Anyway, the Current Occupant of the White House is the source of much agitation. I call him Captain Chaos, and he thrives on disruption. Argh!
I turned off my iPad and retreated to the garden. We planted tomatoes and peppers. Working side by side with Laurie brought me a sense of calm. I feel that garden work is essential, and I do it everyday. But we must remember the immortal words of Aristotle, that public service is the highest good and we must do our duty as citizens. Vote! Debate! Discuss! Ask Questions! Read History!
But don't get agitated. Participate. Make an iron determination to remain calm.
The inspiring example for calm determination is Barack Obama. What a good President he was. In 2008 he won the popular vote and the electoral vote. In 2012 he did it again. Twice a winner, and retired with honor.
Obama's eight years were untouched by personal scandal. A good father to his two children, a good husband to Michelle. There were no Me Too moments in his life. A quiet home life. He played golf.
I don't golf myself but I applaud the sport and I believe that time on the golf course gives time for reflection and repose -- something every President needs.

Obama could never show anger when he was President. That was understood. The first black President could not show anger. Instead Obama appeared detached, aloof and arrogant, because he could show that. But he could not show anger. This is how it seemed to me.
It's the Jackie Robinson rule. Jackie Robinson integrated Major League Baseball in 1947. He could play hard and play rough, but he could not show anger.... That worked and Obama followed his example.
My friend and college classmate Virginia Smith said, "Obama was also just naturally a cool guy with a long fuse. How did he get that way? -- maybe growing up in Hawaii."
I criticize Obama for one thing, the Affordable Care Act. It was a mistake to pass that important reform without bi-partisan support.  Delaying the bill, or watering down the proposal, as unwelcome as that was to the Democrats, would have been far less trouble in the long run.  No major reform can succeed without bi-partisan support. We can see that in hindsight, as the beginning of all-out partisan conflict which has reached a boiling point with the current president.
But we are talking about temperament. Obama had a calm style that a majority of voters could live with, that's why he was twice elected.
And no, Obama is not coming back for a third term. It's up to us now  -- to confront disruption with calm purpose.
Except for one thing, Obama has, shall we say, a personal stake in the Iran deal. Trump has baited him on that, calling it terrible and not worth a shred of paper. Obama might very well emerge from the golf course to defend his record on that.
Obama is young and healthy. He is well-liked around the world. It's not over.
Israel. It took seventy years to recognize Jerusalem as the capital of Israel. We could have waited another seventy years.
thank you and have a good week,
Fred


 



--
Fred Owens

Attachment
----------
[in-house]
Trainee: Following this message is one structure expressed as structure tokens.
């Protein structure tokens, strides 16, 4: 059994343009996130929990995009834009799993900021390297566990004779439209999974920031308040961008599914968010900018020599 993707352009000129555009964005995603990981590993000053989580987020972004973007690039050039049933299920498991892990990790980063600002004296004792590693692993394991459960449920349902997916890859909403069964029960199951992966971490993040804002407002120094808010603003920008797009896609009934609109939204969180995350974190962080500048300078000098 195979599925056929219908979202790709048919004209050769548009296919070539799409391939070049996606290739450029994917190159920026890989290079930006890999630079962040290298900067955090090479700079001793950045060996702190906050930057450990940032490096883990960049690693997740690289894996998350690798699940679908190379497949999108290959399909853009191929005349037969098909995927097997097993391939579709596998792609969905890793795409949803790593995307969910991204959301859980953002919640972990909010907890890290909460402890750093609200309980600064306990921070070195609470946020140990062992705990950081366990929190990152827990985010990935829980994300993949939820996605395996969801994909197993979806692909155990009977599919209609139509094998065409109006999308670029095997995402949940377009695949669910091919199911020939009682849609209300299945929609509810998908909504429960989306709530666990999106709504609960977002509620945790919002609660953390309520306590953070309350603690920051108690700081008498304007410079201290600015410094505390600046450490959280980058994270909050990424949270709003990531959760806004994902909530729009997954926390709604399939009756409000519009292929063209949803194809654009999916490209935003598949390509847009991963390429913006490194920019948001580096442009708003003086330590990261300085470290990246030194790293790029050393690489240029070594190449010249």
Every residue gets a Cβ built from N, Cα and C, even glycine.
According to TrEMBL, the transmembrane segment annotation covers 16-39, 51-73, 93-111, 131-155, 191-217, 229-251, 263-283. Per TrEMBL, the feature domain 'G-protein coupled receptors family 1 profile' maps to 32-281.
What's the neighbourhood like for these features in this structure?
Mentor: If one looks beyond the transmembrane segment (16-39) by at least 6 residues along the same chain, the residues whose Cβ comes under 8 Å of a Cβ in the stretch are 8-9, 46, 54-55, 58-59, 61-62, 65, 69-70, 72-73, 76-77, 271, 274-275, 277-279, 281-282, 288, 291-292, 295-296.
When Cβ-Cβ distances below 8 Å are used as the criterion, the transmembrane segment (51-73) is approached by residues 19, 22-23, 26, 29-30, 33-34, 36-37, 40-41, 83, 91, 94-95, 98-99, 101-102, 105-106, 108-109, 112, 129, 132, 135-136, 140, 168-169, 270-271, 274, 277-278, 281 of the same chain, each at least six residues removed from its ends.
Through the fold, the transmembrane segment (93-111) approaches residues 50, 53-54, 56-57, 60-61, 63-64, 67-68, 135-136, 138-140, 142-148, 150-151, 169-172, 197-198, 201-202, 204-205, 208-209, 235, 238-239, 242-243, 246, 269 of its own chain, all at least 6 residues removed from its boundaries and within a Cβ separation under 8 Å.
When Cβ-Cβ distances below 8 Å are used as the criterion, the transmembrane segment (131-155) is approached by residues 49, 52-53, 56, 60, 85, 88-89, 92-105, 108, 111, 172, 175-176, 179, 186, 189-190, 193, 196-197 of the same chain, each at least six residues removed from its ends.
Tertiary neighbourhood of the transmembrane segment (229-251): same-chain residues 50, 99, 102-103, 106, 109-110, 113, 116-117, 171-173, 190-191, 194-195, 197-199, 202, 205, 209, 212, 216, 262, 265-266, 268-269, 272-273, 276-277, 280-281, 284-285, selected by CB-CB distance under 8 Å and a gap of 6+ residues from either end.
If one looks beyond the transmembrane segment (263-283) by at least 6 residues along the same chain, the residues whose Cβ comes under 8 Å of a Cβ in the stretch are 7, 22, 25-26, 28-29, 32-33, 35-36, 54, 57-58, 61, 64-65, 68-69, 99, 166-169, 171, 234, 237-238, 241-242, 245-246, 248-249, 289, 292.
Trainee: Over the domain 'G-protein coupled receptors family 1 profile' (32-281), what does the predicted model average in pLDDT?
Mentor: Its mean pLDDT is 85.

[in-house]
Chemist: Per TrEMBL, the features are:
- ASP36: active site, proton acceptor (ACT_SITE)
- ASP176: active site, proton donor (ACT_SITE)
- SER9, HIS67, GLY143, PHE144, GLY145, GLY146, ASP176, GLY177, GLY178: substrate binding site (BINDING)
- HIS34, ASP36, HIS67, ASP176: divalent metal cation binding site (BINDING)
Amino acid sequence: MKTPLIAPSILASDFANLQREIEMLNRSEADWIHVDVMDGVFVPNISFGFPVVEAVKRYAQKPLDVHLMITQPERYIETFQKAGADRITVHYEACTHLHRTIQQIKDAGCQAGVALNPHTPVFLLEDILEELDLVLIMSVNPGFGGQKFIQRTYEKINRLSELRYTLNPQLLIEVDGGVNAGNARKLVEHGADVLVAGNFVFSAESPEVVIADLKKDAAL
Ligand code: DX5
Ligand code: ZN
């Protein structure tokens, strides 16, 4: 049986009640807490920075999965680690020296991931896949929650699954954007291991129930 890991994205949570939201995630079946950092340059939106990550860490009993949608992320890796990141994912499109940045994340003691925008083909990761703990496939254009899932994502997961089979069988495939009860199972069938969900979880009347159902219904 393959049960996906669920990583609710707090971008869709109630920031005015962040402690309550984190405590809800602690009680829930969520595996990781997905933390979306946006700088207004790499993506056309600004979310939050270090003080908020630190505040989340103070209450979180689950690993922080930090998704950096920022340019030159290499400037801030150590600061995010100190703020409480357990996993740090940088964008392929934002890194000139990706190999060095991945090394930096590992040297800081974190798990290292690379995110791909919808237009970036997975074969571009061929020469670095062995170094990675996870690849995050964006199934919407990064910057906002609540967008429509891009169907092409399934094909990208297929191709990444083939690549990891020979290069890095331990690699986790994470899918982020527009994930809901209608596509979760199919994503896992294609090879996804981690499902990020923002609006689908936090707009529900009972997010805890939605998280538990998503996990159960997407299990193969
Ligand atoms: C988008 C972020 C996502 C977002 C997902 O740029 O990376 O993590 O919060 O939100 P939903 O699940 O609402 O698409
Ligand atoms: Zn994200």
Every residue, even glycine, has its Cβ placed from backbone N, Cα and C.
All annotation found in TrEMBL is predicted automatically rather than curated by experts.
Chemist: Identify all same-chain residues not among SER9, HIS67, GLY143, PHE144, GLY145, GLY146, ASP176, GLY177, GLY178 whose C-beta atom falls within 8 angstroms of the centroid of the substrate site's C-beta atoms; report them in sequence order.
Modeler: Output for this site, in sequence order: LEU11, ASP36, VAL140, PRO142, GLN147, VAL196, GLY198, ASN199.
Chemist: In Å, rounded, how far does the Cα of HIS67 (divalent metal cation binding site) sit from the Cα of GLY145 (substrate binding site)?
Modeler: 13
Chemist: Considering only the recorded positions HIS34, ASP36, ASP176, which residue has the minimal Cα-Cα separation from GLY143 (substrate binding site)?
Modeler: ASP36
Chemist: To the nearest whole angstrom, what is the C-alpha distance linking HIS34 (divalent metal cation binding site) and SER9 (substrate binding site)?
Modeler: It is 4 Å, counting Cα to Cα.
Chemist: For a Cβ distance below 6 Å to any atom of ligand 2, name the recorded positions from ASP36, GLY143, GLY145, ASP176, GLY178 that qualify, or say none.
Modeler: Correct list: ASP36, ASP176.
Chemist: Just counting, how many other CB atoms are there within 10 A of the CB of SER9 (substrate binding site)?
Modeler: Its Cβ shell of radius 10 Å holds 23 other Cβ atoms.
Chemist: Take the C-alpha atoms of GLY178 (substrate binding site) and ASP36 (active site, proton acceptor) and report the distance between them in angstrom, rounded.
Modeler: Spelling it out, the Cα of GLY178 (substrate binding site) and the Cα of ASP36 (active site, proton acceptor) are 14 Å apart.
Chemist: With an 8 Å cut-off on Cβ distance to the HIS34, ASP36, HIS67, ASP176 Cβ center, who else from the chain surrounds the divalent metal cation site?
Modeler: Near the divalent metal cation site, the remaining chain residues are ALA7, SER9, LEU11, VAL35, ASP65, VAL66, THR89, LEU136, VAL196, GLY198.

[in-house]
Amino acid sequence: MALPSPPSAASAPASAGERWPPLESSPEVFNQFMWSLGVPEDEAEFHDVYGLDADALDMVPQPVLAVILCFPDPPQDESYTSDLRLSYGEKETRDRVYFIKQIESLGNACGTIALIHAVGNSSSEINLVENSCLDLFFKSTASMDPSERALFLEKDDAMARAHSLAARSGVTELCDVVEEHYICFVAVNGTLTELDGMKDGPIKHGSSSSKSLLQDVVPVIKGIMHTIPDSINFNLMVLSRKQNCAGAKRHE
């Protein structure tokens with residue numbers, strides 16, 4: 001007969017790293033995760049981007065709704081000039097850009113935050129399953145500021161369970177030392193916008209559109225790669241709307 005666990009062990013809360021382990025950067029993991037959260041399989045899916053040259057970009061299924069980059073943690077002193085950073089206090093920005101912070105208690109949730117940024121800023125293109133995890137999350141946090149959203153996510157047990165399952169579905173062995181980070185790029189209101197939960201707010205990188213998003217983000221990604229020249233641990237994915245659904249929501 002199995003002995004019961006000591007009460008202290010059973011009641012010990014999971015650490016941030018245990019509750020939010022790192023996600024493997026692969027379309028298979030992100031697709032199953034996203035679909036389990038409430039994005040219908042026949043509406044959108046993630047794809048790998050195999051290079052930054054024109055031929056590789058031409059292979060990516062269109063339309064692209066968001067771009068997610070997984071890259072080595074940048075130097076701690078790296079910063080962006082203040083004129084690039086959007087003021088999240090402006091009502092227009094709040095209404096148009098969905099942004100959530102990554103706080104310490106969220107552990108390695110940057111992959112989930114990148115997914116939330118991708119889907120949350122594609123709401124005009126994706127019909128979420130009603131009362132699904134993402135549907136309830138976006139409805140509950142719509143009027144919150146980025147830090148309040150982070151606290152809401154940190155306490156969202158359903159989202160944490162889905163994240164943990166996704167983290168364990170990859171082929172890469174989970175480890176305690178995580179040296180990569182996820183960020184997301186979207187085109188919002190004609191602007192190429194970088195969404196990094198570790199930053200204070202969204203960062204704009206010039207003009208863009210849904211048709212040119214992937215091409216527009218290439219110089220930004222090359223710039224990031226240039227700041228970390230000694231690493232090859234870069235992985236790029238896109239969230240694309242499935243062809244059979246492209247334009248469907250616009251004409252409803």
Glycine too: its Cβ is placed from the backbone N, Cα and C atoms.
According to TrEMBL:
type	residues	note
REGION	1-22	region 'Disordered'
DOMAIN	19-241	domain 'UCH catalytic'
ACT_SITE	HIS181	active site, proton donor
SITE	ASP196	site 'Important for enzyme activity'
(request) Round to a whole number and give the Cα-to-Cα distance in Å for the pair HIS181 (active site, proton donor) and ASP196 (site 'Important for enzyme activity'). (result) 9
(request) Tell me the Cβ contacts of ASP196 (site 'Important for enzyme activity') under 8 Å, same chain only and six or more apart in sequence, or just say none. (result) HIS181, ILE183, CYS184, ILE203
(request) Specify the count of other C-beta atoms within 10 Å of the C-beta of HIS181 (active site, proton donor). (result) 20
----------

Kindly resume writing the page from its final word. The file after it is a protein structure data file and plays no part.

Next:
cell: 360-739-0214

My gardening blog is  Fred Owens
My writing blog is Frog Hospital


Tuesday, May 08, 2018

Fishtown, not Fishtown

May 8, 2018
Dear Friends,
It could be argued that Clyde Sanborn never lived in Fishtown. He never lived anywhere in the sense of setting up housekeeping and hanging up a dish towel. He flopped wherever he was and kept a few books here and there.
He did stay in that cabin where Black Dog Allen used to live. It was across the slough from Barge Island and downstream of Fishtown proper.
Crazy Peter lived on Barge island, or he did live there years later after Clyde died in 1996. Art Jorgensen spent his last years on the upstream tip of Barge Island. Art died too and I went to his memorial service at Al's Landing, upstream from all that.
Art was more of a true river rat  -- he never went to town, he never went anywhere. I used to go see Art at his cabin in Fishtown before they tore it down in 1989. That's when he moved over to Barge Island for his last years.
So when I call this story Fishtown, not Fishtown, that is what I mean. Art lived in Fishtown until they  tore his cabin down, but Clyde never did, and that makes him not Fishtown. And not Shit Creek, not Sullivan Slough, and not Brown Lily Hill. Clyde never really lived anywhere except where he was at the time.

He was a drunkard and a poet. You could argue that he was not a very good poet, and some people said that. They said he was just a drunkard who scribbled a few lines on scraps of paper. True. Clyde always said he was a poet, he never said he was good at it.
Just now published is Go With The Flow, a fabulous book of Clyde's poetry and biography, edited by Allen Frost. It costs $32 on Amazon, it costs that much because of all the color photos. I am so very happy to own a copy of this book. It captures -- no, does not capture, but does set free -- the moments of Clyde's life and you can read his poetry and hear stories from his friends.
I don't know. Maybe you just had to be there. I was there and I wrote five pages of this book, starting at page 135, in a story called Clyde's Bicycle. The story is not about Clyde or his bicycle, but Allen Frost put it in the book anyway.
A smart editor would have said, "well. Fred, this story you sent me is not about Clyde or his bicycle, so it doesn't exactly belong in here."
But Allen Frost never said he was a smart editor, he just really wanted to publish a book about Clyde Sanborn and I am so glad that he did. This is a really good book. You learn more about Clyde's life than you imagined. It's a wealth. A smart editor would have thrown stuff out and made it tighter, but this happy volume is not tight. More so, this happy volume is open and generous. That's how I got my story in, even though it's not about Clyde.
And yet it is about Clyde's world and where he lived, where he slept, where he drank his red wine and where he kept his boat.
As for his poetry, I will leave it to others to pass judgment. As for his drunkenness, yes, I never knew him to spend a day sober.  But he lasted for twenty years floating between LaConner and the river.  He lasted for twenty years because so many people liked him.
Clyde was always drunk and he could have made himself a better man. But he never hurt anybody, never got in a fight, never wrecked a car, never abused a woman, never stole anything, and never took more than his share. Clyde was rowing home one night in the spring of 1996. He fell out of his boat and drowned. They had a memorial service for him in Pioneer Park and more than 300 people showed up for that.

Later that Same Day. Oh, I could write old river stories all day. But you've already heard them. It's the old saying  -- many rivers flow into the sea, and at the mouth of every river there are some old fishing shacks where fellows hang out and watch the tide come and go. They call it Fishtown. Could be anywhere on earth.
Laurie and I were in LaConner last week for a two-day visit. We saw the tulips and spent time with old friends. We're planning to come back again in early September.
take care,
Fred


--
Fred Owens
cell: 360-739-0214

My gardening blog is  Fred Owens
My writing blog is Frog Hospital